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(Bloomberg) -- On the rarefied shores of Monterey Bay during Pebble Beach car week, it takes a lot to get noticed. Leave your modern-day Mercedes and BMW at home, smooth as they may be.
One thing that will get attention is the latest car from McLaren, the 570S Spider. I know because when I drove it on a certain curve along Monterey’s Laureles Grade last week, a group of fanboys gathered to shoot it as I passed by—and when I got out to photograph the car myself, they swarmed it like bees to honey.
No surprise. The $208,800 hardtop convertible is sculpted like a marble Venus and can hit 60 miles per hour in 3.1 seconds. It’s fresh, fierce meat on the auto market. And it’s going to be the British racing brand’s biggest seller in 2018.
The Star Leading the Charge
Next year is going to be huge for McLaren. Six years after it opened a dealership in Newport Beach, Calif., awareness stateside has reached an all-time high: Global sales doubled after the debut of the $200,000 570S last year, with North American sales surpassing 1,000 cars for the first time, an increase of 106 percent since 2015. The brand announced its fourth consecutive year of profitability for 2016 and growth across all regions worldwide; total sales hit 3,286 cars last year, up from 1,654 in 2015.
According to registration data from IHS Markit, the biggest group of buyers is just the right set: Porsche owners. Dealers report that waitlists for new models have reached as long as six months.
There are two reasons why it’s great for the Woking, England-based marque that many Porsche enthusiasts are hoping to add a McLaren to their stable. First, Porsche drivers are extremely discerning and devoted when it comes to pure driving performance. They don’t settle for empty, flashy looks with an imposing price tag. Second, those buyers who own top-tier Porsches are also likely able to afford a McLaren. The 570S starts at a price point just about where most of the higher-tuned 911s leave off—and that’s no accident.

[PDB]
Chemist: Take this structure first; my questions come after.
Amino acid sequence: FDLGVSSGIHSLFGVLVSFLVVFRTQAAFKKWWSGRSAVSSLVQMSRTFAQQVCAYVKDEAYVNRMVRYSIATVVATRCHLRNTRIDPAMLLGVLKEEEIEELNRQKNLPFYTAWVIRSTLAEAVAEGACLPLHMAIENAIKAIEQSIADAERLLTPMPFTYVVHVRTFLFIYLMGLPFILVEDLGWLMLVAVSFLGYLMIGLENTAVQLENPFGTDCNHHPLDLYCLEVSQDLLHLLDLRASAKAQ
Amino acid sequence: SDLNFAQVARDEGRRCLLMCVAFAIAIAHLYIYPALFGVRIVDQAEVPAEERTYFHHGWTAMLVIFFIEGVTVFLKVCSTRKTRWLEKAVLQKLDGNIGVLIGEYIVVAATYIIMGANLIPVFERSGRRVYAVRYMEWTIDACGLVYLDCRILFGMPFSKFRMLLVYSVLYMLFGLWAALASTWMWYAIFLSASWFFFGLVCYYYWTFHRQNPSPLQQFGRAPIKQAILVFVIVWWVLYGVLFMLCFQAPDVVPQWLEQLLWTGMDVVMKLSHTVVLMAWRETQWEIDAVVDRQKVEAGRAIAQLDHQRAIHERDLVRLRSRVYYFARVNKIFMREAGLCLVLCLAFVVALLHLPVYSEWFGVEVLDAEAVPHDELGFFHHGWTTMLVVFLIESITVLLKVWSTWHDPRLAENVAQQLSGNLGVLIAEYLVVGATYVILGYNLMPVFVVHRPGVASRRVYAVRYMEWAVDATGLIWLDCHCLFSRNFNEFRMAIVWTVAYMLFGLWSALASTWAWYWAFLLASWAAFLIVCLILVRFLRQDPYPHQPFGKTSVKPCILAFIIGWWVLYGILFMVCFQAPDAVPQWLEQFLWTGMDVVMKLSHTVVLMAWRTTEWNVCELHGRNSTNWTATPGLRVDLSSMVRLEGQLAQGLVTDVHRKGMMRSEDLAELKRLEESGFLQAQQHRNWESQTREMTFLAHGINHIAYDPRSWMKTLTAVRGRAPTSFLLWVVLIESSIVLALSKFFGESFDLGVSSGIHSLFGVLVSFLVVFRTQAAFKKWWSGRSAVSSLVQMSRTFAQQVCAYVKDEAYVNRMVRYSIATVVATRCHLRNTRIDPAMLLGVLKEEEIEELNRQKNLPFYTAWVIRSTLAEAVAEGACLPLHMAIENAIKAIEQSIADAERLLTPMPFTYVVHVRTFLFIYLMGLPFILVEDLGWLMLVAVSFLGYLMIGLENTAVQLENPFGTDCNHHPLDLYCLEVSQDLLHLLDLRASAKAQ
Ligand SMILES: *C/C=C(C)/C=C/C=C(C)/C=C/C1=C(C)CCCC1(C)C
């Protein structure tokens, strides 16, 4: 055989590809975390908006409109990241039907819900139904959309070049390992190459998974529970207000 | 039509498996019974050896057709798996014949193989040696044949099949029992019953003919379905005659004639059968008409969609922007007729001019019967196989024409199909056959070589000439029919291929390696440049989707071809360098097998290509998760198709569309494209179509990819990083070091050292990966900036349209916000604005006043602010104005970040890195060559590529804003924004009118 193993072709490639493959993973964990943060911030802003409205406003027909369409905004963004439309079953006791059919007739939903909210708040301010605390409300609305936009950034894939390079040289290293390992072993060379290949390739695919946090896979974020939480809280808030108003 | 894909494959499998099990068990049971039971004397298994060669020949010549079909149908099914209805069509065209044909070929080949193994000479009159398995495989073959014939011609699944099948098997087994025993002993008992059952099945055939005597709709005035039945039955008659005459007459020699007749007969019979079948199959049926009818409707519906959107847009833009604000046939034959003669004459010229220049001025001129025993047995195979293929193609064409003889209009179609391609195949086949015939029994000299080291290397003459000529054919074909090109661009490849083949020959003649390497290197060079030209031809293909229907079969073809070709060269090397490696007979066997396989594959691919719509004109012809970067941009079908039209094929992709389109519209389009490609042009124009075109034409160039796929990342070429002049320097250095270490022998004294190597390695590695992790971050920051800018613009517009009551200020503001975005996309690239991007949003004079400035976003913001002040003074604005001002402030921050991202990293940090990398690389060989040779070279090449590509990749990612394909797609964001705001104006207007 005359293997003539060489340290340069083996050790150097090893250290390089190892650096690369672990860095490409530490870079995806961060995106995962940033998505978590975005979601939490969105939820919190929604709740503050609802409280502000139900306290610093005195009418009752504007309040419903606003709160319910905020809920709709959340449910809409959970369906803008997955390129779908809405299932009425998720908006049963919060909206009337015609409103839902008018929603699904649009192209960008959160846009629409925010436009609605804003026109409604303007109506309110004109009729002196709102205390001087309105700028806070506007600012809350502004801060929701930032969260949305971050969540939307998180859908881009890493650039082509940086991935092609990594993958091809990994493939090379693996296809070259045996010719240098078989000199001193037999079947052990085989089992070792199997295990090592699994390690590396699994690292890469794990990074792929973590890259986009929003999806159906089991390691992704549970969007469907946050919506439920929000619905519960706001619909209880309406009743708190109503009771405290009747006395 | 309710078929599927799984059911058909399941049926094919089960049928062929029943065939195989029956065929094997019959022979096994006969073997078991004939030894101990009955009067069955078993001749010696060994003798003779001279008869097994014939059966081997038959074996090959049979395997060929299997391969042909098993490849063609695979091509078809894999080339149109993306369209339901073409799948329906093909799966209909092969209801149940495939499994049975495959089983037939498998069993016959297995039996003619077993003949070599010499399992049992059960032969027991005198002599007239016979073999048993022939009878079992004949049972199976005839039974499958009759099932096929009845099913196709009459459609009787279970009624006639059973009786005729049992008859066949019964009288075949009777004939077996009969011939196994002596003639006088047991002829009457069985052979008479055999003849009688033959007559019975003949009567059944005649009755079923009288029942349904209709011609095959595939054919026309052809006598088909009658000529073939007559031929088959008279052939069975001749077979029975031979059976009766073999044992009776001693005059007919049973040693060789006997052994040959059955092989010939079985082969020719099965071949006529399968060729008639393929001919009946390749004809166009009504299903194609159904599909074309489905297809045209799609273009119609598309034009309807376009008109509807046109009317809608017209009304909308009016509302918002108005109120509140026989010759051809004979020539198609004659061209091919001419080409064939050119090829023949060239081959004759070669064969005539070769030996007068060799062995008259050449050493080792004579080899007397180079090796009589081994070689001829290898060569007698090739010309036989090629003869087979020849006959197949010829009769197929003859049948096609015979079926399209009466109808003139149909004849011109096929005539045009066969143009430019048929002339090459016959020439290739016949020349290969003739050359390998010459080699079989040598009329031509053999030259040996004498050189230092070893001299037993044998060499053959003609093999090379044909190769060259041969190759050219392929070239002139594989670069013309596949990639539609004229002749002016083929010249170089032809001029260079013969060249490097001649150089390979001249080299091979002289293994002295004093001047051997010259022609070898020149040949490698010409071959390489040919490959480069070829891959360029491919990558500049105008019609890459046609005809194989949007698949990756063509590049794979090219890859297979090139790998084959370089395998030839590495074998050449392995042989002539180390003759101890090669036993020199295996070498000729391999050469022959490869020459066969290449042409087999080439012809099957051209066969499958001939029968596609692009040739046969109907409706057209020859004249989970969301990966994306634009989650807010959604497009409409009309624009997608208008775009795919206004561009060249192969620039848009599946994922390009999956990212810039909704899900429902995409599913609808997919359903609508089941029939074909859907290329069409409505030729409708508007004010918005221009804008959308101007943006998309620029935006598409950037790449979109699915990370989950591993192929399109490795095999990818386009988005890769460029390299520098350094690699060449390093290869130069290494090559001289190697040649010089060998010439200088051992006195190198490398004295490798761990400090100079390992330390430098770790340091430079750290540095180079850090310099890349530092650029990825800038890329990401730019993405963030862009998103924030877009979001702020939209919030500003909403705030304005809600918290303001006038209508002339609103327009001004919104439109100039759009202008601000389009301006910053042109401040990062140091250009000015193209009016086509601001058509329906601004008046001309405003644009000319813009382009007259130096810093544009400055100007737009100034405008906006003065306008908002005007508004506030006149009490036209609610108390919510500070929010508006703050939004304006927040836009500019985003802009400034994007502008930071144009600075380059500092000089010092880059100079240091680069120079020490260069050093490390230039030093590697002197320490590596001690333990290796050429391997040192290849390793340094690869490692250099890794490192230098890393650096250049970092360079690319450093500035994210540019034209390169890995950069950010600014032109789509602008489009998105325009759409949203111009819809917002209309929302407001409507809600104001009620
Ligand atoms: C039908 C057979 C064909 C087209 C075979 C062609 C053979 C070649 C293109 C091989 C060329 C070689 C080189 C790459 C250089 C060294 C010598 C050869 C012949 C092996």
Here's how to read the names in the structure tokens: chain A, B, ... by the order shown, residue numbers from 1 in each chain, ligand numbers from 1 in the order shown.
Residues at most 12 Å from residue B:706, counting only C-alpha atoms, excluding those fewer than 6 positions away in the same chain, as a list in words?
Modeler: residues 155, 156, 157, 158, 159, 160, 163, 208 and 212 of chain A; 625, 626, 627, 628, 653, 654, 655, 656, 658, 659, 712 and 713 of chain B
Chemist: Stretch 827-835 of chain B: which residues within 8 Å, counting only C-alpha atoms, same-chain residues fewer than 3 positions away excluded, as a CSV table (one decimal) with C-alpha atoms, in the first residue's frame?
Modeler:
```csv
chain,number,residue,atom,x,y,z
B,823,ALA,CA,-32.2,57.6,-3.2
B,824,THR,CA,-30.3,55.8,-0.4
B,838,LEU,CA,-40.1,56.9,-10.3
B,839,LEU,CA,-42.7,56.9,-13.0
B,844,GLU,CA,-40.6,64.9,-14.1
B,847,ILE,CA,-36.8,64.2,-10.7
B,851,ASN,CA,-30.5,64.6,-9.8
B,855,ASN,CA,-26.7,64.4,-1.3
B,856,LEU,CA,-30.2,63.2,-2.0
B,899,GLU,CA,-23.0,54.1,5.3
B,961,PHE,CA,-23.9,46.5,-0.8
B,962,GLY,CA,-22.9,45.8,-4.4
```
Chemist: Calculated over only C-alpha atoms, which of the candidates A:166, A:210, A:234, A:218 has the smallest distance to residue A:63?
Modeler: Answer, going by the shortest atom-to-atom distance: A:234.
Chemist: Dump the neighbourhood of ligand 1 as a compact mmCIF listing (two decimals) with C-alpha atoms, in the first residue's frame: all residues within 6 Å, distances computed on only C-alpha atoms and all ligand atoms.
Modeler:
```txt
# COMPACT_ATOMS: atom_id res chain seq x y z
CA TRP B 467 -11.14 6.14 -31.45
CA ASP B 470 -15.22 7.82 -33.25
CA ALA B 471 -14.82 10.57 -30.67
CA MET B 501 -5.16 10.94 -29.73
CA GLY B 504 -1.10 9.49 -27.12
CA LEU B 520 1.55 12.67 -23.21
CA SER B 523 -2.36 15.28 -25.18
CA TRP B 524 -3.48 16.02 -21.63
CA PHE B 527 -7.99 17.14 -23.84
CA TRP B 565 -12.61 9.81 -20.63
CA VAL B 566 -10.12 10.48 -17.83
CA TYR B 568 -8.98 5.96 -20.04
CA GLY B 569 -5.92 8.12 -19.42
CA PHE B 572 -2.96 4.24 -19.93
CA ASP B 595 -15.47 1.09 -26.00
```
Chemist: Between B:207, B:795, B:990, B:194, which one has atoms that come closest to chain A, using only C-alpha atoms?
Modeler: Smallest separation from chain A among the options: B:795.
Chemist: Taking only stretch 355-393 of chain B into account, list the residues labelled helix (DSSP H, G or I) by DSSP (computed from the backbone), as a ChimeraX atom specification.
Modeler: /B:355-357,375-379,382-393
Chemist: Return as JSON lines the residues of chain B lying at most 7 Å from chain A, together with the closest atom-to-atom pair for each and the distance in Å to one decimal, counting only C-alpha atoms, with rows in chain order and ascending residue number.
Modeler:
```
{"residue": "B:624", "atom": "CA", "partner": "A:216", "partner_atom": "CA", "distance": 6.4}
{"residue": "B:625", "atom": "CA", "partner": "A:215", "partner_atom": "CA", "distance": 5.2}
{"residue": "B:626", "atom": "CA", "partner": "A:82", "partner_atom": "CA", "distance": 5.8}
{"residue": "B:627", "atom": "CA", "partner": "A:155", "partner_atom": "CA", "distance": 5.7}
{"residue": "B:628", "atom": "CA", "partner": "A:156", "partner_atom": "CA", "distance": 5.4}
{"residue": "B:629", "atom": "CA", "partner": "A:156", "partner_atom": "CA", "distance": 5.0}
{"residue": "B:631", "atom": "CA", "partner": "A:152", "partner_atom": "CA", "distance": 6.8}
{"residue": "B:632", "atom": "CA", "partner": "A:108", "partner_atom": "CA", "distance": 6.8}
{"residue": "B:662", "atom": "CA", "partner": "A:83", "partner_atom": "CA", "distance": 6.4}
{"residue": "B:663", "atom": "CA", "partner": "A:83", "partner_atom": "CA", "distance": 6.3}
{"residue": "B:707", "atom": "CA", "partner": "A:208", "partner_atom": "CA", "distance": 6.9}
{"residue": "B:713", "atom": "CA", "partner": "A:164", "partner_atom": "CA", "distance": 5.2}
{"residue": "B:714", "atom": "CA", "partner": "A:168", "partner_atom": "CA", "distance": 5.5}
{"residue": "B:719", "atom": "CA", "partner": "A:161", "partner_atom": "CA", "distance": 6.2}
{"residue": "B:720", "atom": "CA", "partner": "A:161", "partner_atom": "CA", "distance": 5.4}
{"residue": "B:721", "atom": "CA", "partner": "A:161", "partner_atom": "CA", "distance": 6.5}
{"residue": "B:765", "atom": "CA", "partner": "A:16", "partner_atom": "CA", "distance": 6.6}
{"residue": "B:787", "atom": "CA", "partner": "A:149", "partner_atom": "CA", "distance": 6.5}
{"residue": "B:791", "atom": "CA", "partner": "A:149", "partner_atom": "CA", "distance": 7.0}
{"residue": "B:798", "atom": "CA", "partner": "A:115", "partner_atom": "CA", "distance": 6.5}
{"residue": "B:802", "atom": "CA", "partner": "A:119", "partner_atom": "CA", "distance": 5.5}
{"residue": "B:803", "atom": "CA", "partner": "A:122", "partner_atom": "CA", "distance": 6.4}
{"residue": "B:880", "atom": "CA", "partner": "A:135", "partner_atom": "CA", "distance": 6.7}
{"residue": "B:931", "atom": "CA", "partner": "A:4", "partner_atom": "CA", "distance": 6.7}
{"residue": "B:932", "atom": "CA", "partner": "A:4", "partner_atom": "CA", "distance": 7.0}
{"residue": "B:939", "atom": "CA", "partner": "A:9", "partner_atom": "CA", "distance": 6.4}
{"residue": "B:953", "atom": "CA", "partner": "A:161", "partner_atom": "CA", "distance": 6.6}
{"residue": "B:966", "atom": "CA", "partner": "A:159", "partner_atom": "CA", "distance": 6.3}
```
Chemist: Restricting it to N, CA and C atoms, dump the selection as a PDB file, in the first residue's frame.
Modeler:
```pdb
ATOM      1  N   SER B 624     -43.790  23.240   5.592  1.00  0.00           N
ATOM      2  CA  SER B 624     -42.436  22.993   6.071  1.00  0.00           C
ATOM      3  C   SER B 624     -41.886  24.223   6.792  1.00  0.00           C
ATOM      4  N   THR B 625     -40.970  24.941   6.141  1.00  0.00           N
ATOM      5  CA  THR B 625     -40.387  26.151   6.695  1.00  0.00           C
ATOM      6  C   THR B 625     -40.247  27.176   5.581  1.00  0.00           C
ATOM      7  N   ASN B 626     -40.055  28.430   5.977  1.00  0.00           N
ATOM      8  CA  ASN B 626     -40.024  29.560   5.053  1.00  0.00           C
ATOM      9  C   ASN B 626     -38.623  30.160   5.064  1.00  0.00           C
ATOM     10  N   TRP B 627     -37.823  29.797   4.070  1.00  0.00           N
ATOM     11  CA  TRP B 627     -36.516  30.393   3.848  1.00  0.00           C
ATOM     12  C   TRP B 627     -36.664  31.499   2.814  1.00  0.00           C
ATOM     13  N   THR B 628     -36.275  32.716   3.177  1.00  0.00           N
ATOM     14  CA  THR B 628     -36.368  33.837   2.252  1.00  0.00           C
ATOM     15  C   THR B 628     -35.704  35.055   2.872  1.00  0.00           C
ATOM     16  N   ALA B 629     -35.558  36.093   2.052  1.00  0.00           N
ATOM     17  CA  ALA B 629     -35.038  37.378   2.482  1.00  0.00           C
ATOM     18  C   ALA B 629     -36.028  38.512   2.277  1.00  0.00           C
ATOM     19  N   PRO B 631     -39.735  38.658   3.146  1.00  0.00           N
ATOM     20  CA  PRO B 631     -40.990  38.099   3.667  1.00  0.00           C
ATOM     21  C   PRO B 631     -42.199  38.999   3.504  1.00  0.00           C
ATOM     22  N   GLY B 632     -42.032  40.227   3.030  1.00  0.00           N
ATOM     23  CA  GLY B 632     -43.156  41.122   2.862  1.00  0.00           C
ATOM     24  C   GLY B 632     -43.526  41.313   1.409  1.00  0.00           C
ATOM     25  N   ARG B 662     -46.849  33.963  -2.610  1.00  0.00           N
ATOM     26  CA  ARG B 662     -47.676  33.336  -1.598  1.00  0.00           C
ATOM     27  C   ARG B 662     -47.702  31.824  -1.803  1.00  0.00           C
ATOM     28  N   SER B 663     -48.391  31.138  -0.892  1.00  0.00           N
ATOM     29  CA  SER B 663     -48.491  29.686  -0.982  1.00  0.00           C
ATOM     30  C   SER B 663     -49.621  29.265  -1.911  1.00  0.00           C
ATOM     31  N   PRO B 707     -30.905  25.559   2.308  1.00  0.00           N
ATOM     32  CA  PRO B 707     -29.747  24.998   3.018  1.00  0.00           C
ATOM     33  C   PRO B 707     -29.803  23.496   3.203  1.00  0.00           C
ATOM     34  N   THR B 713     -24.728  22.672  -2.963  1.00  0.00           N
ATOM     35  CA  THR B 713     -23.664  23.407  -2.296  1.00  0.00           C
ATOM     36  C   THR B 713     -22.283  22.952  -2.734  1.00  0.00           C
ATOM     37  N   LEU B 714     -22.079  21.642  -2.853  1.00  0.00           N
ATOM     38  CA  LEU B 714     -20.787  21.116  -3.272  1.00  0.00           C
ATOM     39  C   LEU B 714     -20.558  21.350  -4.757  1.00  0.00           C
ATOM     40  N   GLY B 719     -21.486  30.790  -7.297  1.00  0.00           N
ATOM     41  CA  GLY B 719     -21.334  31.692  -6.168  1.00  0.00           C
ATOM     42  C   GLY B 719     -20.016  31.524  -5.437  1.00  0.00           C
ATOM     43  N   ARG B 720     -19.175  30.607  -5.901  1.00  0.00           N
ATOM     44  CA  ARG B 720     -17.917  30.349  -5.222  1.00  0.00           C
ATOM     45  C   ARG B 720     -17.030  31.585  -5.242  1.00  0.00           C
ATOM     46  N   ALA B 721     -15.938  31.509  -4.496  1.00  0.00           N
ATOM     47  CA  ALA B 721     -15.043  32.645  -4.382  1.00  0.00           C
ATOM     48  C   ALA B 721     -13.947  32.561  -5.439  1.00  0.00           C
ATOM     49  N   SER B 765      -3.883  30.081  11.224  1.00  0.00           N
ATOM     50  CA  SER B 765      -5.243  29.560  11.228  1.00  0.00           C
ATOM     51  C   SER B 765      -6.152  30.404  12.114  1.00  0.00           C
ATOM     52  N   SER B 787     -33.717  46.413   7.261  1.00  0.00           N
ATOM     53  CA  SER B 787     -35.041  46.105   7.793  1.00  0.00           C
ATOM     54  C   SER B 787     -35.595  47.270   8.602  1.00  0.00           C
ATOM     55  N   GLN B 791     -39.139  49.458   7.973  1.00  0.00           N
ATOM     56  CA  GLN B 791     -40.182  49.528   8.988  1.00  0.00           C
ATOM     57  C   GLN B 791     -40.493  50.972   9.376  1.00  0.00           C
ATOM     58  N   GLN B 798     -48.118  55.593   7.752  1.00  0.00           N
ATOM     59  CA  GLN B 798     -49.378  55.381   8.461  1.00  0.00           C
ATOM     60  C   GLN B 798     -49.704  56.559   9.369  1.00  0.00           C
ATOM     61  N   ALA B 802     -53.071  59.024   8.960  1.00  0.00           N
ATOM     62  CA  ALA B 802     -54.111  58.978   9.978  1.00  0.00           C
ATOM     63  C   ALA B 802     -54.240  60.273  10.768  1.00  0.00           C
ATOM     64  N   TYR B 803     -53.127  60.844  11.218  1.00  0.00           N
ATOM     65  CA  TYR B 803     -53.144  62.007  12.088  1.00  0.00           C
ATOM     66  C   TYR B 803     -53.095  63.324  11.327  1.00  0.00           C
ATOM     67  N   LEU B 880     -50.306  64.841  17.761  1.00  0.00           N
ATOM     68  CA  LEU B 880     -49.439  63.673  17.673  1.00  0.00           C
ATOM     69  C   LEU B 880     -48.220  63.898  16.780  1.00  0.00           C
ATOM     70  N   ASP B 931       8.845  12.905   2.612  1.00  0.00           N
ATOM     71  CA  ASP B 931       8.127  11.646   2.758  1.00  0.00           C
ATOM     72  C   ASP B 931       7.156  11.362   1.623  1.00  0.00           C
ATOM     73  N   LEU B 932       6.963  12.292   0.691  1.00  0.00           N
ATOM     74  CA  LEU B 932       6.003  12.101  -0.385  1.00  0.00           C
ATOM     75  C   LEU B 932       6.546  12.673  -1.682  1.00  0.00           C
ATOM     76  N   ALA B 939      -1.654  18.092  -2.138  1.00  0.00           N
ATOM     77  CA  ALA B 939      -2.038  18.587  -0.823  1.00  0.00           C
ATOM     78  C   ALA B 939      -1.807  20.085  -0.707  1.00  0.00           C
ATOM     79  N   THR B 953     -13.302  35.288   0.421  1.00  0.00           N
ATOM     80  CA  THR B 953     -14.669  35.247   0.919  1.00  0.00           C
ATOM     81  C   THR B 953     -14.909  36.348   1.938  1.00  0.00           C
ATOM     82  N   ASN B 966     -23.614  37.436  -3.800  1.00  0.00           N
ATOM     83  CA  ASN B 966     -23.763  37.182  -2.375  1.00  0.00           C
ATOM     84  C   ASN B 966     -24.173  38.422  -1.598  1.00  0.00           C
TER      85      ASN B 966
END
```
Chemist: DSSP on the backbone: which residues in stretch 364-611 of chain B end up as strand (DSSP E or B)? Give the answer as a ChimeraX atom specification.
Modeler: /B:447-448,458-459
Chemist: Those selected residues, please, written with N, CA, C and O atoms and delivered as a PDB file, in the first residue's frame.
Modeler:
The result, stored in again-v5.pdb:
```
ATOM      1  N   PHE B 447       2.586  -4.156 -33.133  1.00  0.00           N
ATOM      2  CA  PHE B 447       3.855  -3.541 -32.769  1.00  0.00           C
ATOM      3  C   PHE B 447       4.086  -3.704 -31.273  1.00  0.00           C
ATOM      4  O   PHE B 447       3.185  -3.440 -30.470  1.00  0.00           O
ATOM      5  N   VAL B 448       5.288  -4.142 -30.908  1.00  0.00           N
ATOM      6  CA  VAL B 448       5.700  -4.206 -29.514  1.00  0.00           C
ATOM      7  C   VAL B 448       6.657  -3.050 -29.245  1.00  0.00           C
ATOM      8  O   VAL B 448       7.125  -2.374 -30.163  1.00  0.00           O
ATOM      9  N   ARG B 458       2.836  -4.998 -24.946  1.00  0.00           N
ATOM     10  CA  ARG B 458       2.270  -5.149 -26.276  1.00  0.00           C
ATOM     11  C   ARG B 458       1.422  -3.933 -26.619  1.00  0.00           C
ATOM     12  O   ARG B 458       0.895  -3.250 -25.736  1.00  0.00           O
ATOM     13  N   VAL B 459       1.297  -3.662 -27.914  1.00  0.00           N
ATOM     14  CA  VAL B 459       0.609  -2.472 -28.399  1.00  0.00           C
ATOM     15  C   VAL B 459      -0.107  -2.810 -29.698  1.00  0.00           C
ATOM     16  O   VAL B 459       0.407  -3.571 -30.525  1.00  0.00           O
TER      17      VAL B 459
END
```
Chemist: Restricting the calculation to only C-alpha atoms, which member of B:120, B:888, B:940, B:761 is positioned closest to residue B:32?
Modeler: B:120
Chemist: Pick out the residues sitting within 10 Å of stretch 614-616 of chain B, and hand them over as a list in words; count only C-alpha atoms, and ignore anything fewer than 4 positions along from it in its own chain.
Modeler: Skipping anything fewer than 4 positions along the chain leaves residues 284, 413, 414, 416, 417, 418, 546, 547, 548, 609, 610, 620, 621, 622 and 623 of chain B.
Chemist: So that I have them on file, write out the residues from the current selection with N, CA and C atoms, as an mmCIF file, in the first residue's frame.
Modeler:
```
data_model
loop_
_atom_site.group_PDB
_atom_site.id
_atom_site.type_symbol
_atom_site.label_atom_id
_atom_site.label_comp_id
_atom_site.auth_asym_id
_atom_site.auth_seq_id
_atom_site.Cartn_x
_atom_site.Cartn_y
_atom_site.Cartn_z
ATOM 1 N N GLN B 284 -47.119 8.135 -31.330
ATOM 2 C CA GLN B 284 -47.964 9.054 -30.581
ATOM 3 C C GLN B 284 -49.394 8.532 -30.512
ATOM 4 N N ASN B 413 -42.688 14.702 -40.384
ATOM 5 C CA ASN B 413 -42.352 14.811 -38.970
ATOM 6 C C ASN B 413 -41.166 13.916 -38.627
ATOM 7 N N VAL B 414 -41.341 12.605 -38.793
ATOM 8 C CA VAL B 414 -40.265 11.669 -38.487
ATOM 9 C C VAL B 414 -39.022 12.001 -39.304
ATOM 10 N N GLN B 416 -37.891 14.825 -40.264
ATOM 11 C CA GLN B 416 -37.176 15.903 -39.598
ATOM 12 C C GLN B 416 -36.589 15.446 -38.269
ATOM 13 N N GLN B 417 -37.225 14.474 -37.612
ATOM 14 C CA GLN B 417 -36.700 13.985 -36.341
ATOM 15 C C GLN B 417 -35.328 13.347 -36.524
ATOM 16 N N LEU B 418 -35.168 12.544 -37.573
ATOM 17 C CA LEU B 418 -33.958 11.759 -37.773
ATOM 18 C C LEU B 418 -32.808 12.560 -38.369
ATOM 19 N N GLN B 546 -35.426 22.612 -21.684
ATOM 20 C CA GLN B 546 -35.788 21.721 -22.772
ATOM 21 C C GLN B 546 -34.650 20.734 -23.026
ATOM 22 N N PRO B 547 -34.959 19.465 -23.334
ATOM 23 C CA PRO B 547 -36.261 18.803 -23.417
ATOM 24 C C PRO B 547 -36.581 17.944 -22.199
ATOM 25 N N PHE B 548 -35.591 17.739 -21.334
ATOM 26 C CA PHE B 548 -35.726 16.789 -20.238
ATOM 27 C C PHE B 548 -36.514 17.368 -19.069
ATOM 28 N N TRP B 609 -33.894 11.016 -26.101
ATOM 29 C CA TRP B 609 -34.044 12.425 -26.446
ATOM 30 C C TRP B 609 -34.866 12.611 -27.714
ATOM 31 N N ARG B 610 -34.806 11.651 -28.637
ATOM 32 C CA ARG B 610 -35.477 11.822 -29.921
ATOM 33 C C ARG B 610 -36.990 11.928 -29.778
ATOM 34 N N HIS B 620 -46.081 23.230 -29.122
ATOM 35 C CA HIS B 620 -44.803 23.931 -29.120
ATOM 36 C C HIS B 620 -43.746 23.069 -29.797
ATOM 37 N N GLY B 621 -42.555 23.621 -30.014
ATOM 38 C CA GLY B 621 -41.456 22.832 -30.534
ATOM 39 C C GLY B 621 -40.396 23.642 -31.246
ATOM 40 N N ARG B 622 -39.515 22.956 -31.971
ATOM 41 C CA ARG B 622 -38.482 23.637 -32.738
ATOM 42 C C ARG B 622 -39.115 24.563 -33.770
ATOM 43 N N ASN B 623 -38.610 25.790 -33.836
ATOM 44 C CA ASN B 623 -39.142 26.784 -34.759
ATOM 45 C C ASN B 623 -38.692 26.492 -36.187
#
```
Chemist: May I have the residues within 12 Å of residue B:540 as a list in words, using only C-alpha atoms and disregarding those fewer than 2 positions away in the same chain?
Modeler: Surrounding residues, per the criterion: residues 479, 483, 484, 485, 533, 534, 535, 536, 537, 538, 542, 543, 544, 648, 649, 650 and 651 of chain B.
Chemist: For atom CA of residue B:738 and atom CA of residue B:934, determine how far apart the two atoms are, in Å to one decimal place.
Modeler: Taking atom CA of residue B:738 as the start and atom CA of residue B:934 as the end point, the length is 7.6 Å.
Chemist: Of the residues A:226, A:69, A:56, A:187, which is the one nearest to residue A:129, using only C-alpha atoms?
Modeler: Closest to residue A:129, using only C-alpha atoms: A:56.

But I digress. This piece is about the preproduction, Sicilian yellow 570S Spider that was such a treat for me to drive, even among the other thrilling press cars I tested that weekend. For a further chill up your spine and rattle in your ribs, you’ll want to splash out for the $285,000 McLaren 720S. But that one is sold out until next summer, and the 570S Spider is better suited as a daily driver, anyway.
The “Practical” McLaren
The 570S Spider comes with a 562-horsepower, 3.8-liter twin-turbo V-8 engine and a rear-wheel-drive, seven-speed gearbox. And it weighs just 2,895 pounds at its lightest (no gasoline or other fluids), hundreds of pounds less than even an entry-level 911 Carrera. Top speed is 204 miles per hour, or 196 mph with the top down.
I didn’t take it to 204 mph on the windy roads around Monterey—big surprise. But I can vouch for the immediate, stirring, seamless acceleration you’ll feel the instant you press the pedal. Rather than barreling down the road or lunging forward like a monster, the car feels integrated into the asphalt itself, gliding past mile markers like a Learjet. Do not buy the 570S if you’re a hesitant driver; the two of you will find yourselves incompatible.
That said, this is the most practical of any car McLaren sells. Its Ultimate Series cars, like the $3 million P1 GTR, are ruthless objects built for the track. The Super Series includes cars like that 710-horsepower 720, which is street-legal but most at home on a track—away from potholes and police. The base-level Sport Series, on the other hand, offers an eased suspension, more creature comforts, higher clearance, and better fuel efficiency (16 mpg city, 23 mpg highway), which allow for comfortable daily driving. Normal, Sport, and Track modes help even out the difference between city and highway routes. There’s even an extra storage compartment behind the headrest available when the top is deployed.